I’m dangerously close to geeking out because after a day at school, I am positively giddy. I went to campus empty-handed today and returned with not only a teaching schedule and new friends and a full belly, but also copies of Crazyheart, Black Swan, and seasons 1-7 of 24. For which I paid a total of $8.36. I’m positive these are legal copies, so don’t even worry about it.
A word about the teaching schedule. Bao commented today, “Something you should know: in China, we plan for flexibility.” True. The semester calendar we just got a few days ago has already changed twice, and only today did we foreign teachers receive our teaching assignments. Today is Thursday. Classes begin on Monday. I know I’m comparing apples to oranges, but I’m going to do it anyway: at Minnetonka, teaching assignments are released in the spring and very rarely change, granting the teachers all summer to prepare. So yeah, I’m going to agree with Bao. If you aren’t flexible as a teacher here, you might be in the wrong country.
So here are my classes! (Instead of grades 7-12, HFLS uses Junior 1-3 for grades 7-9 and Senior 1-3 for grades 10-12.)
- Senior 2 from 9:45-10:25
- Yes, I don’t start until 9:45am.
- Senior 2 from 10:35-11:15
- Junior 2 from 8:00-8:40
- Junior 2 from 8:50-9:30
- Junior 2 from 8:00-8:40
- Junior 3 from 8:50-9:30
- Junior 3 from 9:45-10:25
- Senior 2 from 10:35-11:15
- Senior 2 from 11:20-12:00
- Junior 3 from 2:10-2:50
- This is a big long day, but everyone get 80 minutes for lunch- compared to 30 minutes back home- and the teaching time is almost identical to what I do every day at MHS.
- Senior 1 from 8:50-9:30
- Junior 1 from 1:20-2:00
- Junior 1 from 3:00-3:40
- Junior 2 from 9:45-10:25
- Senior 3 from 11:20-12:00
- Senior 1 from 1:20-2:00
- Junior 3 from 2:10-2:50
For those of you keeping track at home, you’ll see that I teach at least 1 section of…all of them. So 6 preps in all. And I couldn’t be more thrilled.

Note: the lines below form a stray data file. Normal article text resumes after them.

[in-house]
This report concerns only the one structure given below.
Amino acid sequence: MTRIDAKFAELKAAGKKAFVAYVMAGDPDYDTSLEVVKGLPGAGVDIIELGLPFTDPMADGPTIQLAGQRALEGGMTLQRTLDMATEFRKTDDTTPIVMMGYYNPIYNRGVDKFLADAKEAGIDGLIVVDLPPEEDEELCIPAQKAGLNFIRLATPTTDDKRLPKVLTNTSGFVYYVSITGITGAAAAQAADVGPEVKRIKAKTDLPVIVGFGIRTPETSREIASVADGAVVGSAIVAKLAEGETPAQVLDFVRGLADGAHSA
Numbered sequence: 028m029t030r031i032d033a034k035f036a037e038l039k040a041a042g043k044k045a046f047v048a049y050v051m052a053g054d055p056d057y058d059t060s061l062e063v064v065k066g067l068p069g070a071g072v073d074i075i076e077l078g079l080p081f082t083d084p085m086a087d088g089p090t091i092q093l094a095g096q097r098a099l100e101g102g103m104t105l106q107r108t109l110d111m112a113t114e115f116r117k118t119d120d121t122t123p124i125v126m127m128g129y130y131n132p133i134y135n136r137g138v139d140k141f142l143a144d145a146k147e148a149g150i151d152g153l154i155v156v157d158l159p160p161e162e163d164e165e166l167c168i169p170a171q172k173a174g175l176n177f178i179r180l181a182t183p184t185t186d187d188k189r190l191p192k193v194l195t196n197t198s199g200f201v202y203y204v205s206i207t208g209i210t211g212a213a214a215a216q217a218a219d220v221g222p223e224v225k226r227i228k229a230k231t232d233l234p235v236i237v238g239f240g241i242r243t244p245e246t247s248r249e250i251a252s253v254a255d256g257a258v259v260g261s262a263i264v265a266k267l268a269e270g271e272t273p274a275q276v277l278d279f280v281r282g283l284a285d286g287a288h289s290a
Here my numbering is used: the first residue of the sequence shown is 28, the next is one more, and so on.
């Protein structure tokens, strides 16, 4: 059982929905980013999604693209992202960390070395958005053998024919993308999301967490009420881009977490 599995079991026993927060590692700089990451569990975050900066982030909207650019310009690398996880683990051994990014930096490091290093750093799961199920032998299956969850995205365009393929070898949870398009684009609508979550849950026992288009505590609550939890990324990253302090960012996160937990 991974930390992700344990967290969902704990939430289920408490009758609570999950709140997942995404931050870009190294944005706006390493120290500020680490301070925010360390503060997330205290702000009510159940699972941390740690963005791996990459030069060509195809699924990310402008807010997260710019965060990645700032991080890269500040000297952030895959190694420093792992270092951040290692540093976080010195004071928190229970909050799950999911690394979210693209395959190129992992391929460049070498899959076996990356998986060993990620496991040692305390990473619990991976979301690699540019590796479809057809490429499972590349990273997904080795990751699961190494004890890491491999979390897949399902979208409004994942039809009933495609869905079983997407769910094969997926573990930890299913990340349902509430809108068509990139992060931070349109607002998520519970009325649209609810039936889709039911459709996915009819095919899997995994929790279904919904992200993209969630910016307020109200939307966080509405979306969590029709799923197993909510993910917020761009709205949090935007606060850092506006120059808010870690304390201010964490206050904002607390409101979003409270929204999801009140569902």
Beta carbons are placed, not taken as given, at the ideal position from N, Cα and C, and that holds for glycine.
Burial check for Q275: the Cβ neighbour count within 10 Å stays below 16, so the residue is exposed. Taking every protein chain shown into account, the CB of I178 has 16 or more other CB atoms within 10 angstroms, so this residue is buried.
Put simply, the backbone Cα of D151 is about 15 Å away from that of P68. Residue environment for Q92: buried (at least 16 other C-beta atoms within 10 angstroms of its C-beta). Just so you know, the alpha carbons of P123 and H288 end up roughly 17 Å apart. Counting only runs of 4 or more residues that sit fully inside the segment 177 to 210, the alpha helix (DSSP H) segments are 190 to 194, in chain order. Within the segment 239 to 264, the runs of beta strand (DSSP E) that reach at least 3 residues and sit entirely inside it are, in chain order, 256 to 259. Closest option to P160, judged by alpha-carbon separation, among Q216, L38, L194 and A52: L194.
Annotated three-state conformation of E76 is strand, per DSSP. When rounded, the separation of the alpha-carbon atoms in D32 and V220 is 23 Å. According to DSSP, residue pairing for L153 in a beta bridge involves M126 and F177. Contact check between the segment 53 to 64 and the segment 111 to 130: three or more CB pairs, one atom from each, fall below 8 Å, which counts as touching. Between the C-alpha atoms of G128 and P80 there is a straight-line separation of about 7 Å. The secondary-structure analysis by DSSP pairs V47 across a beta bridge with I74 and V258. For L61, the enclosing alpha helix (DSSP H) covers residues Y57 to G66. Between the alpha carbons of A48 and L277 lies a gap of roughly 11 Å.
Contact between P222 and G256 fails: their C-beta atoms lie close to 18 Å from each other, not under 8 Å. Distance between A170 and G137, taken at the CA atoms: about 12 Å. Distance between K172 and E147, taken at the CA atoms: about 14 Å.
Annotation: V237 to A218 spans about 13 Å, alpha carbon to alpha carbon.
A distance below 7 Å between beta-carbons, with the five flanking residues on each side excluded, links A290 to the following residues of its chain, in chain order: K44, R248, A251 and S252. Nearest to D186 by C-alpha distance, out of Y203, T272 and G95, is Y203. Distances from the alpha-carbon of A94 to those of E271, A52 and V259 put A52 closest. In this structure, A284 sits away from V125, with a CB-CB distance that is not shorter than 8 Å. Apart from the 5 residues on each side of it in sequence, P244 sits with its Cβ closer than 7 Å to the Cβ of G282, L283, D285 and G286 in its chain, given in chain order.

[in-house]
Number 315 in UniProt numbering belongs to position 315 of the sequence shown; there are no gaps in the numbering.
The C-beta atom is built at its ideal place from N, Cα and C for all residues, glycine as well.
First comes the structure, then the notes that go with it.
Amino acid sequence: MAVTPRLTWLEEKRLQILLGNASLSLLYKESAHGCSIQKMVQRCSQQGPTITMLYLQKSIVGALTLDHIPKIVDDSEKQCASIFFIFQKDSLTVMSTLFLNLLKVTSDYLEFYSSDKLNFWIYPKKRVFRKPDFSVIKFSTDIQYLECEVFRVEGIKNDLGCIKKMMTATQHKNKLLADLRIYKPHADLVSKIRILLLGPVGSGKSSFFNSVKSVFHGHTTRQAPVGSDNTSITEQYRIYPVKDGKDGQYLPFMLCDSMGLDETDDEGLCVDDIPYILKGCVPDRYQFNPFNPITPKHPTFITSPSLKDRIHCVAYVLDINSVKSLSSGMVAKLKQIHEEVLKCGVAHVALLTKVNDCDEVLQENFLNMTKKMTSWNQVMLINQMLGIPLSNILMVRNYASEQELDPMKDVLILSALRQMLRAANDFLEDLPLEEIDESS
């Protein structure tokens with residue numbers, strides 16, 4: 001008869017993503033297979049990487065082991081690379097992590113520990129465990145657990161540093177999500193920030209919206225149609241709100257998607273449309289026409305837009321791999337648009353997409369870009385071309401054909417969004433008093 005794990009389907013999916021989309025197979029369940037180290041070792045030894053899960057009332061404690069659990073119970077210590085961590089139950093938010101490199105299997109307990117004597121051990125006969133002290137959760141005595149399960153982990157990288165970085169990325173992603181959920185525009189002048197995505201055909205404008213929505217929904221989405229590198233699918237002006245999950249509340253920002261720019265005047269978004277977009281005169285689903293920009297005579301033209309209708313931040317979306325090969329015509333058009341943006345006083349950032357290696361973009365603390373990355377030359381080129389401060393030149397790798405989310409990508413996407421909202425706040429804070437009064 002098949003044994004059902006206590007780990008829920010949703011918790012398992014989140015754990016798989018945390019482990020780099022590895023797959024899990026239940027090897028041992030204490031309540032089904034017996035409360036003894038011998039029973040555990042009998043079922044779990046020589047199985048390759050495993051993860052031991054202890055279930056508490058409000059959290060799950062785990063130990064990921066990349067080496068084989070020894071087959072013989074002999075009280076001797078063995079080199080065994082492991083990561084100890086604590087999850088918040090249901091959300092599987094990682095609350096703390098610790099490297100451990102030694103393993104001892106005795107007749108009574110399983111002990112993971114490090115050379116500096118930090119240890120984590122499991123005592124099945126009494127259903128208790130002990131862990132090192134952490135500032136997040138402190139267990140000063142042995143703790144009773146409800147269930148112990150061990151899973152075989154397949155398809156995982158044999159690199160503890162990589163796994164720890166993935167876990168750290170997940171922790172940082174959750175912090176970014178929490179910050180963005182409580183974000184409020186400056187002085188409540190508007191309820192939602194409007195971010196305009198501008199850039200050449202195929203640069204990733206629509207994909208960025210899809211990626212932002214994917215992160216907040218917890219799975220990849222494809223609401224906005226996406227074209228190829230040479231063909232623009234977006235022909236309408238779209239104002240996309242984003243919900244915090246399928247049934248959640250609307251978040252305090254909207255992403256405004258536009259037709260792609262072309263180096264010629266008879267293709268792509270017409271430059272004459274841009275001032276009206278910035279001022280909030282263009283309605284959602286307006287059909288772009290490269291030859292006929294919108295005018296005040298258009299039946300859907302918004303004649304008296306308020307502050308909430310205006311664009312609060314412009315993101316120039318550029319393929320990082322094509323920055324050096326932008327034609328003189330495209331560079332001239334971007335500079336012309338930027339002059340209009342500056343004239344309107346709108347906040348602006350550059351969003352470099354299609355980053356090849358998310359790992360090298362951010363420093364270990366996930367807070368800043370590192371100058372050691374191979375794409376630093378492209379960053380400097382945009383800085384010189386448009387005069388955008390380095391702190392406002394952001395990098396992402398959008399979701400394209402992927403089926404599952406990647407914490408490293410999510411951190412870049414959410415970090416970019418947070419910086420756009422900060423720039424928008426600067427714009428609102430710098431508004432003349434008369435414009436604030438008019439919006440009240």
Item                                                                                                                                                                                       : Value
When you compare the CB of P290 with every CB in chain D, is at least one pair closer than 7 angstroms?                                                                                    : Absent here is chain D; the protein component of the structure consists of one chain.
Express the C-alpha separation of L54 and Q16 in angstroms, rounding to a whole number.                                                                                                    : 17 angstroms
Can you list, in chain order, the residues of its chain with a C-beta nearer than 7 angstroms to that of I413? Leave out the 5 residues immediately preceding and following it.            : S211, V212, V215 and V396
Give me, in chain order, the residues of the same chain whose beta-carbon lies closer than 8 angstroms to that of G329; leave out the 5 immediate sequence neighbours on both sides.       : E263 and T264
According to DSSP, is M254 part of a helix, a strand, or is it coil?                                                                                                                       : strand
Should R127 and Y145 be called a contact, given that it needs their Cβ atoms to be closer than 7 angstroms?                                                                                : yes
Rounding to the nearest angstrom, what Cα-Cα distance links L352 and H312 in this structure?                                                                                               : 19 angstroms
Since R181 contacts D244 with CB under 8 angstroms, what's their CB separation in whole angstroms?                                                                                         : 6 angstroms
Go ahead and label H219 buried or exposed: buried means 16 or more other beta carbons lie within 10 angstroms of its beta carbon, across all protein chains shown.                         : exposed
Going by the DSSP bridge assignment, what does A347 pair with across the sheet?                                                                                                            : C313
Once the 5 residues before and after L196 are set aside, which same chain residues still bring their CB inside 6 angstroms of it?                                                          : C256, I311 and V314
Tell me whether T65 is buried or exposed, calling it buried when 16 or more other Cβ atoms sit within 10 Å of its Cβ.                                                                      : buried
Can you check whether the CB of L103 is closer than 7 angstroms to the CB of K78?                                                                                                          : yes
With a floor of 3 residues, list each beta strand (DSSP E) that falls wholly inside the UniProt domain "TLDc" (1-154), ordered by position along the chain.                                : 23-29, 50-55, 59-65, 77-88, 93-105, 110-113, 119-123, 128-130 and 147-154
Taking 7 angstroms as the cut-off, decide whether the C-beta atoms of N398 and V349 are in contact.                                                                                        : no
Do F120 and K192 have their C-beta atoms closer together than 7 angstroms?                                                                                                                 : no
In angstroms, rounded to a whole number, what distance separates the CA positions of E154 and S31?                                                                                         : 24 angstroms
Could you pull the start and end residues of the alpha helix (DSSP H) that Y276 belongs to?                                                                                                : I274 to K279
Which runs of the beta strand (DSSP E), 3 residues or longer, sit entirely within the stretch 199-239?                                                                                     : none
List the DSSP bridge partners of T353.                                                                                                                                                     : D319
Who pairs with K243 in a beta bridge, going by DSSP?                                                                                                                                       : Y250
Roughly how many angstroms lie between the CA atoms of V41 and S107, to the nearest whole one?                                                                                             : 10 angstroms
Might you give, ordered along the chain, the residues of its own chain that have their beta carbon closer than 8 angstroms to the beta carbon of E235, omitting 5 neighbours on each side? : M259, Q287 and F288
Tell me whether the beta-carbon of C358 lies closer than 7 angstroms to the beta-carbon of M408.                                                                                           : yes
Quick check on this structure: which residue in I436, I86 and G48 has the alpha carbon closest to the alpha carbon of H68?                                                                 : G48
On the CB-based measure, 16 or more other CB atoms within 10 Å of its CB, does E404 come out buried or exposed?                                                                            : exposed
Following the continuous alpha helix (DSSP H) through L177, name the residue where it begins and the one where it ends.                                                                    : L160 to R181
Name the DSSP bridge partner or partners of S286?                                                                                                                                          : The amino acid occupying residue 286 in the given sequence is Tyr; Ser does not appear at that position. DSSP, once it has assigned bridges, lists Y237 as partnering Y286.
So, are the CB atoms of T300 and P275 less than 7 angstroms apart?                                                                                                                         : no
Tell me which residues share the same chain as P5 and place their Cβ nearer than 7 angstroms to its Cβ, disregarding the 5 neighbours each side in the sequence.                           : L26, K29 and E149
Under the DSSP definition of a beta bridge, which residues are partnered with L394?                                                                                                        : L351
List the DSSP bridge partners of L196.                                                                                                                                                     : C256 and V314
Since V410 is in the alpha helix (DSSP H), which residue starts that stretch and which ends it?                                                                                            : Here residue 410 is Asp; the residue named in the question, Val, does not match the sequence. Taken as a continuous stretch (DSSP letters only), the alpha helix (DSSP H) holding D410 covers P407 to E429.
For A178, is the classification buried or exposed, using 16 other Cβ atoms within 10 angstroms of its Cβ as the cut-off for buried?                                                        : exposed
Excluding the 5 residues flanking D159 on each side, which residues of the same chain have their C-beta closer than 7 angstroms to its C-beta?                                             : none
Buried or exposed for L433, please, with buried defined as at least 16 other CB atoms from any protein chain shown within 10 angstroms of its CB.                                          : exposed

At my job back home (and at many public schools in the area), teachers use online grading software to provide students and parents with constant access to students’ grades; teachers of the same courses use a required number of common assessments and common texts each semester; and parents have instant access to teachers via their school email accounts or voicemail boxes. We follow state standards that number in the hundreds and change often. There are excellent reasons for all of these things, and all of these practices fit well into the current paradigm of American education.
That said, imagine yourself to be an American teacher who suddenly gets these as her only marching orders:
- Teach something about American culture. Whatever you want.
- Get your kids to practice speaking English. However you want.
- Give them a few assessments. Whenever you want. Whatever you want.
- We don’t have school email addresses, but use this system to instant message your colleagues if you have questions. Parents won’t contact you. Because they can’t.
- Your last day is June 17, so if you could give your students’ final grades to Bao maybe by the following week, that’d be great. No, don’t worry about midquarter or quarter grading deadlines. We don’t have those.
Now, let me say that I love my job at Minnetonka and even when I get stressed out about work (and who doesn’t?), I’ve always counted myself fortunate to work with such an excellent teaching staff (especially you, English Department peeps!). To now have the opportunity- and thank you, MHS, for granting me this leave- to teach with these wide-open parameters and to exercise my teaching creativity in a new way just overwhelms me with excitement, happiness, gratitude. Could I be any luckier? Not to mention that I already feel I’ve gained a tremendous amount of trust and professional respect from the staff in China, and they hardly know me; it comes only from my training as a teacher. These are not the reasons I entered education, but it feels amazing to be appreciated as a professional.